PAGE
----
Today has been an absolute roller coaster. There have been many questions, many more tests, and moments of unprecedented fear. We are learning. When the body fights to rid itself of enemies, they must exit somehow–and that is what Benji has been experiencing, on all fronts. His mouth, his throat, his entire gastrointestinal tract and his skin are all working to push out the apparent virus that has been attacking him. On top of all of that was a reaction to the very thing that is supposed to pull him out of this mess. It’s time for this kid to catch a break.
Benji had a really rough time last night, and we hardly slept. He was up for baths often. Most of his pain now is coming from his throat and the reaction to the tape on chest, but he still has pain in his belly, with diarrhea and occasional vomiting. Our longest stretch of sleep was from 8am to 10am or so. We were woken up by Dr. Mayer and Isaac, a very kind physician’s assistant, during their morning rounds.
Dr. Mayer began by saying that while everyone is now sure that what Benji is fighting is viral, she wants a name. She wants to know exactly what has caused him such a hard time this week. She ordered more tests because of the new presentation of his back rash and mouth sores. He may not have mucositis after all, but she’s pretty sure he does have thrush–another byproduct of the imbalance in his gut–so we began treating for that today. Dr. Mayer also wanted to test Benji’s immunoglobulin levels. Over time, chemotherapy patients can exhaust their reserves of the blood protein that is the first responder to viruses.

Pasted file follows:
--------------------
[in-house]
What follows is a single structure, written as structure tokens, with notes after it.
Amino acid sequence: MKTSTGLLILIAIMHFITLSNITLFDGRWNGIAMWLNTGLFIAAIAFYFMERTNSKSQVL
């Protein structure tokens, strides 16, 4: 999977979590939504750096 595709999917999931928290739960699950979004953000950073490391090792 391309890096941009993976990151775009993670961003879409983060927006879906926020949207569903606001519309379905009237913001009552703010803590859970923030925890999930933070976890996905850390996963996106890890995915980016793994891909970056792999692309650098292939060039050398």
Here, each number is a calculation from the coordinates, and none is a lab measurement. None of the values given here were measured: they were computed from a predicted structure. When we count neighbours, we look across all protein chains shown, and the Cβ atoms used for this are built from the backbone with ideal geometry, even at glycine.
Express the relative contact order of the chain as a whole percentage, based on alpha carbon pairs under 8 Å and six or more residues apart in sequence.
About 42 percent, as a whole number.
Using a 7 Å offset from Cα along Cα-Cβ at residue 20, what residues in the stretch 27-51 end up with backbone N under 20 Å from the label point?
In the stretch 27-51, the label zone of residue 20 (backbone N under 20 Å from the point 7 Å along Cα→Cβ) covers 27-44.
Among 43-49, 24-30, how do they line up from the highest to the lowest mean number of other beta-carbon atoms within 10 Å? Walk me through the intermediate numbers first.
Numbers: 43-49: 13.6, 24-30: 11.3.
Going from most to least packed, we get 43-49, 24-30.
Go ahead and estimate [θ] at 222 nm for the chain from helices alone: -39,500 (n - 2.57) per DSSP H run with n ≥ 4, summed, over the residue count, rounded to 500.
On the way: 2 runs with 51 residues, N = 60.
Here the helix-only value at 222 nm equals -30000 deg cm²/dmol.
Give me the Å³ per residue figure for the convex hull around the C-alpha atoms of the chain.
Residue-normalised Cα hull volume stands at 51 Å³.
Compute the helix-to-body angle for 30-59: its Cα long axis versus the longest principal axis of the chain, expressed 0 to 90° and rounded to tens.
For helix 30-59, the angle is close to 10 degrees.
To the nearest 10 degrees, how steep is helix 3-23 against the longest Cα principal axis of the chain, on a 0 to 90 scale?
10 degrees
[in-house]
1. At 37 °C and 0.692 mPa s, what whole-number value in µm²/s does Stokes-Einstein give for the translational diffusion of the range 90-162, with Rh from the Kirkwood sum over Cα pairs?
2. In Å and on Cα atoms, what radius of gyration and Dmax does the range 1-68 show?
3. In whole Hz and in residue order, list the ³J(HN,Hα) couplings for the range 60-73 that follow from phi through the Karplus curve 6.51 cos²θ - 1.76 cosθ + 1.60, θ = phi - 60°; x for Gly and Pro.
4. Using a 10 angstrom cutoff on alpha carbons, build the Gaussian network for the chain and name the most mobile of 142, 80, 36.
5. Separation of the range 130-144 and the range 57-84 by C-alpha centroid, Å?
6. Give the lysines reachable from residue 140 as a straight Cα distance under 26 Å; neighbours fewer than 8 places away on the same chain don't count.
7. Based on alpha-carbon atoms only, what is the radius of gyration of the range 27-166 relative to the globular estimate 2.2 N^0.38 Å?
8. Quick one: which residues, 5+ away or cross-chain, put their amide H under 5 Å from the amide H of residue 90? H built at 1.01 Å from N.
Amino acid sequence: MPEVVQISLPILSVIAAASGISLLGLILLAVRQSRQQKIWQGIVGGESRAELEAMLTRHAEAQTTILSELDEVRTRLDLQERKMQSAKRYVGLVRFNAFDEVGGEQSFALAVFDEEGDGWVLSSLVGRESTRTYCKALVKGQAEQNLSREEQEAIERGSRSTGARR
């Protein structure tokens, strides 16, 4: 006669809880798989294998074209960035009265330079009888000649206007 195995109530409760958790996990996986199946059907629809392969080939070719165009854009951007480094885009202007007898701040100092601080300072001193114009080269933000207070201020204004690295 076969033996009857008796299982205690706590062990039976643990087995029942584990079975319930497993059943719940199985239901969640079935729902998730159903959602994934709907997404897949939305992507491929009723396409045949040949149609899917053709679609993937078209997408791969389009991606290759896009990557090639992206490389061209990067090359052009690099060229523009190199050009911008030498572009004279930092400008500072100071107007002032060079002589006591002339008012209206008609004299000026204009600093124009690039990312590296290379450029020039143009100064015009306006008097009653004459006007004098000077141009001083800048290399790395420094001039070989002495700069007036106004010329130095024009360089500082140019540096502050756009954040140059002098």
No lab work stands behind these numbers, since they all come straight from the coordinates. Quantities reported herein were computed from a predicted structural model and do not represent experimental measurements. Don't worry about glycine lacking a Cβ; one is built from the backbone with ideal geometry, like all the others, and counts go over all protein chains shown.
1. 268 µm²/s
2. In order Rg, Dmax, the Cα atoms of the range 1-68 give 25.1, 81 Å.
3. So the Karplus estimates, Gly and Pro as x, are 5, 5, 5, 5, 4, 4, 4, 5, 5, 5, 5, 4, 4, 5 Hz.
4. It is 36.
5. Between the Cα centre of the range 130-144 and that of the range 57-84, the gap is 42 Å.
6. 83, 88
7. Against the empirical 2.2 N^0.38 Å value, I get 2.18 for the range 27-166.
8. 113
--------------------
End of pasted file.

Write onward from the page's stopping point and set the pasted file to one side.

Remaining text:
The best news to come out of rounds was that Benji’s creatinine level is down to 2.0, so the dialysis conversation is effectively over. The scariest and most critical news to come out of the morning rounds was that Benji’s absolute neutrophil count (ANC) has taken a nose dive. It was almost 5,000 yesterday–a healthy, normal number–and this morning it was 1,344. He is once again neutropenic. If the number dips to 500, we will have no choice but to give him antibiotics, as gut-destroying as they are, because he will have lost the ability to fight bacterial infection.
Benji’s body and spirits are tired. He was so down today. I was determined to create an upbeat atmosphere, with music, sunshine, target practice–he wanted none of it. He refused his favorite person at the hospital, the music therapist. He didn’t want to play games or watch movies. He wanted to go home.